This is peak sports season in the United States, when summer meets fall and baseball, basketball, football, and hockey are all alive at the same time.
From tipoff to buzzer and spring training to World Series, one of the only certainties in all sports is this: If you want to spoil a lovely night out watching the home team, go buy your family some burgers and sodas.
The $105 tab will be a friendly reminder that, for all their romance and charm, pro sports are a business. You’re sitting in their seats and they want your money.
But does eating and drinking at ballgames really have to be so expensive?
I became fascinated with the economics of food and drink pricing at sports stadiums after working a Major League Baseball game as a vendor at Pittsburgh’s PNC Park a few summers ago. I’d quit my job as a Wall Street Journal staff reporter. I was up for stuff.
A friend suggested vending at ballgames. You could make a few hundred bucks a game being one of those guys who walks around and sells beer from a box, he said. With prices so high, his promise of good money sounded right.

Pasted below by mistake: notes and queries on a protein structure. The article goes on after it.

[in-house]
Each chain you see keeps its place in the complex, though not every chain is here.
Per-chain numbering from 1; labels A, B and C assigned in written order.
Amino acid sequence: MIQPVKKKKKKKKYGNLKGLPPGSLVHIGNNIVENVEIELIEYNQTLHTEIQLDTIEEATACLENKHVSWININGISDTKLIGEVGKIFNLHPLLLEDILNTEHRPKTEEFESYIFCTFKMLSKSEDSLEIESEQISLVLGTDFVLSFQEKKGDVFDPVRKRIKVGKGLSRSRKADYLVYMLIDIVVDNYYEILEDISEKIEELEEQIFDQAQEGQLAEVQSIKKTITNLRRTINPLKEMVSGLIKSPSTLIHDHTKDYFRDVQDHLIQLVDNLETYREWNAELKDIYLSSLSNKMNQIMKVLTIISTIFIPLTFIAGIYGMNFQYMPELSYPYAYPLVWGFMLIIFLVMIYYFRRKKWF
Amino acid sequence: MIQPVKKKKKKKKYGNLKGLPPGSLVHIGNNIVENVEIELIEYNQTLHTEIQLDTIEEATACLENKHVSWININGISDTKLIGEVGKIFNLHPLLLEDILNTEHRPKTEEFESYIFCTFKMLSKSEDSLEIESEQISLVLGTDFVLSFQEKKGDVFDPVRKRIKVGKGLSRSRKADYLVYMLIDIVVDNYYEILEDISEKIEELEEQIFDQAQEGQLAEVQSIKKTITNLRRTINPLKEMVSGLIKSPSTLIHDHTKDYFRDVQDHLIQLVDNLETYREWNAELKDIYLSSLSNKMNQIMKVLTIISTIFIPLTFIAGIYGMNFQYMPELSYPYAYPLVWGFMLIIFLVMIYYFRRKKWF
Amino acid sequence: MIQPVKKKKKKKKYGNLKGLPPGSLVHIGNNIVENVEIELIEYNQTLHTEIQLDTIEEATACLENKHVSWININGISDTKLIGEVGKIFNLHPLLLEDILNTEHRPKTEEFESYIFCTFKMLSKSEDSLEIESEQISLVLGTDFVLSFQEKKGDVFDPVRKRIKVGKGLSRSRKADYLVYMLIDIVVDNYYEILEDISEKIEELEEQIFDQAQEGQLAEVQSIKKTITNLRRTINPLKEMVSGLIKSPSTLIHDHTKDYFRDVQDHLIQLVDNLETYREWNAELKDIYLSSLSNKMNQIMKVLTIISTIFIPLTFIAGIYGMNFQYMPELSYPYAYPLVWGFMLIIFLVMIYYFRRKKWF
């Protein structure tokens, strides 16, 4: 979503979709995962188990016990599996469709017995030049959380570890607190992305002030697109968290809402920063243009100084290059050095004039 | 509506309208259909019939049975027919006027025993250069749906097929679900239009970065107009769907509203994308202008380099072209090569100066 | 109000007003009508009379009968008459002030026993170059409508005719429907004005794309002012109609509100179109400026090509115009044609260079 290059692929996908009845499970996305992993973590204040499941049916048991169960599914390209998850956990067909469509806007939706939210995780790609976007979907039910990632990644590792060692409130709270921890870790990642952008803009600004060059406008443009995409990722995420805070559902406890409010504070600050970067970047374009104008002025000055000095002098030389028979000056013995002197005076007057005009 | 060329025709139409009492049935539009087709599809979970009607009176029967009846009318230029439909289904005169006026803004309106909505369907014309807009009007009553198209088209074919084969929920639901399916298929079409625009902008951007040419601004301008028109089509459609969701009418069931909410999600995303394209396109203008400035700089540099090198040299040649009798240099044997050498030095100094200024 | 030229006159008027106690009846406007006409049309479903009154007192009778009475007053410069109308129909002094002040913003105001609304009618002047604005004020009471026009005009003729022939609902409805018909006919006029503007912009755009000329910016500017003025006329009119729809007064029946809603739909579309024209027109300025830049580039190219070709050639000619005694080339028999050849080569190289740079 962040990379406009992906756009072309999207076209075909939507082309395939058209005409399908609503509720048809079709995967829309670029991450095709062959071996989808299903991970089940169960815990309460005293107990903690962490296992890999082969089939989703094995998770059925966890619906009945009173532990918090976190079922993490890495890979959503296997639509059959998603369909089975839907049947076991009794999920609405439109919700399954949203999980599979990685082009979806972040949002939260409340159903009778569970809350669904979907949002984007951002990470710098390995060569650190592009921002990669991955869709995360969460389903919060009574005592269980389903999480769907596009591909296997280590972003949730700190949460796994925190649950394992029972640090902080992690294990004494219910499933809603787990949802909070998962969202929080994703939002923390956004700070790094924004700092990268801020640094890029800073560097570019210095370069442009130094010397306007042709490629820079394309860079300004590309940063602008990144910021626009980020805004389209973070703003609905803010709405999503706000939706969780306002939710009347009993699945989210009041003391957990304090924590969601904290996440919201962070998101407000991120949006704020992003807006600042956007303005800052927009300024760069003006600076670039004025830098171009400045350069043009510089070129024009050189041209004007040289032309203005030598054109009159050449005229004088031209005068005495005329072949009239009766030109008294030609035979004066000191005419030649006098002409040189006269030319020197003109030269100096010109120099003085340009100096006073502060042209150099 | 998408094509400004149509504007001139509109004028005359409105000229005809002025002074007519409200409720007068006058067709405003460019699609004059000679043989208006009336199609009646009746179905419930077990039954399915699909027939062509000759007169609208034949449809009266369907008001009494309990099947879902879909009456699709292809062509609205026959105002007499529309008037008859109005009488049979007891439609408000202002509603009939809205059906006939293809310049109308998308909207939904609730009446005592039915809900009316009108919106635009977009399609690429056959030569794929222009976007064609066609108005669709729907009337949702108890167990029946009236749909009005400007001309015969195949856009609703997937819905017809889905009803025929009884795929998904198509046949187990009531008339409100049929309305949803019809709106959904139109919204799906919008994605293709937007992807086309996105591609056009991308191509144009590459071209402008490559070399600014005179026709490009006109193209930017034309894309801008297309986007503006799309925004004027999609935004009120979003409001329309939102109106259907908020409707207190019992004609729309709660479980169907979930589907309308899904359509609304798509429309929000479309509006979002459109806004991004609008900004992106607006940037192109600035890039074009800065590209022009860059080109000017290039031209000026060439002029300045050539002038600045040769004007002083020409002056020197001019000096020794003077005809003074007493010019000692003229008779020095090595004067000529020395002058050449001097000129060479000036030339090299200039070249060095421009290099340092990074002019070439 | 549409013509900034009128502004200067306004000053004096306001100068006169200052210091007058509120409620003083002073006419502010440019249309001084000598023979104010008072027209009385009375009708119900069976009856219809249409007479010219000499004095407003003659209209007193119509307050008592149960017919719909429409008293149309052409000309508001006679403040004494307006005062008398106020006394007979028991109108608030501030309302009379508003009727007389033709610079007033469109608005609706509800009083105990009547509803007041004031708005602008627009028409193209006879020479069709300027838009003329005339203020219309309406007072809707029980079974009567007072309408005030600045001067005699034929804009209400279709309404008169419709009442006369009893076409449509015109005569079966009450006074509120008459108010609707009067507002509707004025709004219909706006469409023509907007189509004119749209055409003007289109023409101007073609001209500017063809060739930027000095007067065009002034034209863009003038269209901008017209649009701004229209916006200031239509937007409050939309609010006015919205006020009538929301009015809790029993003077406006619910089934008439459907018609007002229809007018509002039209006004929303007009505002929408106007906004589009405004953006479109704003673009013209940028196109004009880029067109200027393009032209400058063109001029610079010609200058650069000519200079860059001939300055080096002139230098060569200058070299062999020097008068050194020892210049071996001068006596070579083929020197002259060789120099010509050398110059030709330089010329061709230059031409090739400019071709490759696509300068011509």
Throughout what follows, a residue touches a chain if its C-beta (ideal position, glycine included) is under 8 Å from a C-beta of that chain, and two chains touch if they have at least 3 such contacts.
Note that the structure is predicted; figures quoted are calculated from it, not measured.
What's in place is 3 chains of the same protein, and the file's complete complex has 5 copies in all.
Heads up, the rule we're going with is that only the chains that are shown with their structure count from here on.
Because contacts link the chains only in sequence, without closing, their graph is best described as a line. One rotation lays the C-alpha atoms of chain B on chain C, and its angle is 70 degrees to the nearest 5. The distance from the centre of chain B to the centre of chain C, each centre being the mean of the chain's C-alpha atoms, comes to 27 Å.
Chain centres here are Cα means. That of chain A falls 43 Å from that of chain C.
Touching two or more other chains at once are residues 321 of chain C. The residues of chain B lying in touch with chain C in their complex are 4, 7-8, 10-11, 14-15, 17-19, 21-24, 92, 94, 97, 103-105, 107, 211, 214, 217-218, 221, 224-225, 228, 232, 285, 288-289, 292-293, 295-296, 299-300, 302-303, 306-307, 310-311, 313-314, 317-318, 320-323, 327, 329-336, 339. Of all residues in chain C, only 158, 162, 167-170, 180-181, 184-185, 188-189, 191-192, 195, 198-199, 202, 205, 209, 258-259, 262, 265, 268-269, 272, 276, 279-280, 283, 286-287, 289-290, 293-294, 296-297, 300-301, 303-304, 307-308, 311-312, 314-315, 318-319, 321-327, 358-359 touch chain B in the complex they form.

We signed up as part of a part-time crew hired by Aramark, the massive Philadelphia-based food service contractor that controlled the Pirates’ concession contract.
Teams typically hire companies to sell their food and drink, and collect commission between 35 and 55 percent of total sales, according to Chris Bigelow, a Kansas City-based food service consultant for teams.
My friend and I were invited to a “grand slam training” event at PNC Park. A man who talked with the enthusiasm of a wedding planner schooled us on proper cheerful etiquette: If somebody yells, “The Pirates really suck,” say something like, “We’ll get ’em tomorrow, sir” or “They’re having a better year than expected.” Under no circumstances were we to talk to reporters. “They’ll twist your words,” he said.